Episode 4: Sulaiman Khatib

Sulaiman Khatib is a co-founder and the current Managing Director of Combatants for Peace,  a joint Israeli-Palestinian nonviolent movement to end the occupation of the West Bank.

In this interview, Souli explains how he began to see Israelis as potential partners, rather than the enemy. He talks about the value of ex-combatants in the struggle to end the occupation, and addresses some of the the criticism that his organization has received from other activist groups.

This episode of Unsettled is hosted by Asaf Calderon. Original music by Nat Rosenzweig. Recorded in Brooklyn, New York on August 6, 2017, and edited for length and clarity by Asaf Calderon and Yoshi Fields. 


story-suliman-el-hatib-bw.jpg

Sulaiman Khatib is a leading nonviolence activist in Israel and Palestine. He was born in the West Bank and was imprisoned at the age of 14 for stabbing two Israeli soldiers. It was during his time in prison that he learned about nonviolent resistance and first encountered Jewish Israeli perspectives. In 2006, he and other Israeli and Palestinian ex-militants founded Combatants for Peace: a grassroots nonviolent movement with the goal of ending the occupation. As part of his work, he tours in the US, giving talks with other ex-combatants on nonviolent resistance to the occupation.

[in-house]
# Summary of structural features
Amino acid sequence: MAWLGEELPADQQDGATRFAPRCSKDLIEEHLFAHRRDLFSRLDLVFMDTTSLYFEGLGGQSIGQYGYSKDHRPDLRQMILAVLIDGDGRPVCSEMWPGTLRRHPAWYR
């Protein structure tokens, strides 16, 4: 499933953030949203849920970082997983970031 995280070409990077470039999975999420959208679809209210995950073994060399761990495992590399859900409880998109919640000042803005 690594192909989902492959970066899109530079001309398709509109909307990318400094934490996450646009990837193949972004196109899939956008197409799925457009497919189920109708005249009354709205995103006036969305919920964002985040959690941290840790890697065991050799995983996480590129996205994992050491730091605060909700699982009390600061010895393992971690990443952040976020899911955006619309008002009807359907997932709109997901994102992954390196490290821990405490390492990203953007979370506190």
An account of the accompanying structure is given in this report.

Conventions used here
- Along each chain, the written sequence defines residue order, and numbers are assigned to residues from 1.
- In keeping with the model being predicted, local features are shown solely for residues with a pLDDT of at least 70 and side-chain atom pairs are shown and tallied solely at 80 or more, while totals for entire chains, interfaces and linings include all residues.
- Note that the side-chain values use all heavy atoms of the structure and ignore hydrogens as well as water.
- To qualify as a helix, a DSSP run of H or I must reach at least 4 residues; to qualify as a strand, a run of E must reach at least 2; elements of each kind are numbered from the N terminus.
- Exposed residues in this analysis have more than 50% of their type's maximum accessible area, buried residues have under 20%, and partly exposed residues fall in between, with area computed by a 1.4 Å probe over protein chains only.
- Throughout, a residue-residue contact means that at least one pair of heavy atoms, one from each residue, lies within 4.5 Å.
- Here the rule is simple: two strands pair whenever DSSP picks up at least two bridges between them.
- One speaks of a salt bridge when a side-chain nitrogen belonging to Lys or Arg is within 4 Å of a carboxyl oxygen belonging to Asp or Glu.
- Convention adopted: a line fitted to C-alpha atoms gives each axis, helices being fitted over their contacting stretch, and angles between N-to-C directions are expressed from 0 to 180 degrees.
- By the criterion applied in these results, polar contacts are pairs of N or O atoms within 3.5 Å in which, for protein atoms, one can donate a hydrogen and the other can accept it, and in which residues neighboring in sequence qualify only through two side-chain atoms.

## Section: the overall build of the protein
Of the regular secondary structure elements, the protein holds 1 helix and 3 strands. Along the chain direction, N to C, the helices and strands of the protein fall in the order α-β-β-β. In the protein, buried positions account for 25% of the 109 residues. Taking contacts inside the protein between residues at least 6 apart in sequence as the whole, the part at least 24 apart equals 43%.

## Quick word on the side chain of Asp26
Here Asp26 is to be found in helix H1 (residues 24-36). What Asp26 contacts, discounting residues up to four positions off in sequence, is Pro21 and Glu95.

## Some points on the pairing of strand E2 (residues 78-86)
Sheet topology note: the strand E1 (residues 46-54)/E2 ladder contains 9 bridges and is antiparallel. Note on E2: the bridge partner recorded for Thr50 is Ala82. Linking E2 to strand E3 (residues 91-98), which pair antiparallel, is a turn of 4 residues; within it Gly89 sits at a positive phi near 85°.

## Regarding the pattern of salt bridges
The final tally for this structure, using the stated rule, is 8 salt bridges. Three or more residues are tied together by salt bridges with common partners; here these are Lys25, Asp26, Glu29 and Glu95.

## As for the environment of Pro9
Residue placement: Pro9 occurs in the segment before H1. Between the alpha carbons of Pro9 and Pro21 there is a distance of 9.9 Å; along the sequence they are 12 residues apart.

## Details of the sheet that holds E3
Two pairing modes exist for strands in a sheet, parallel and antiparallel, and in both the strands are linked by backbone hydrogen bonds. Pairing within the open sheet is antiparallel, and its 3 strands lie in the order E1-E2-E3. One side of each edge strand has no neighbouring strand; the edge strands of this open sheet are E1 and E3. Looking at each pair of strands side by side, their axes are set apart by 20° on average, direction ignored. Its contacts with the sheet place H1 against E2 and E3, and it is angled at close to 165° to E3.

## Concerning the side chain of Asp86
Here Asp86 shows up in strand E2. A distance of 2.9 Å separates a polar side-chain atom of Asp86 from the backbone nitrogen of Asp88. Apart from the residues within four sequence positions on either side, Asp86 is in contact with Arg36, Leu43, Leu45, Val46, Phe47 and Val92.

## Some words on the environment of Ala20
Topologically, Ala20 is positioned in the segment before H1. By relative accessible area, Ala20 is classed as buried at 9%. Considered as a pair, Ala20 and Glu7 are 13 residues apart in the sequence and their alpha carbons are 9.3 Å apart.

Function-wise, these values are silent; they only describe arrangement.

TRANSCRIPT

SOULI:  I believe that if our people given like a good leadership with a vision that carry nonviolence and hope, I do believe that many Palestinians are happy to join. This takes time and energy. But I believe the majority of our people don’t want to live in bloody situation, of course. And if the Israelis given the opportunity to show their goodness of solidarity with the Palestinians to struggle together, I really believe also I have faith of the majority of the Israelis in this case also, they will behave differently.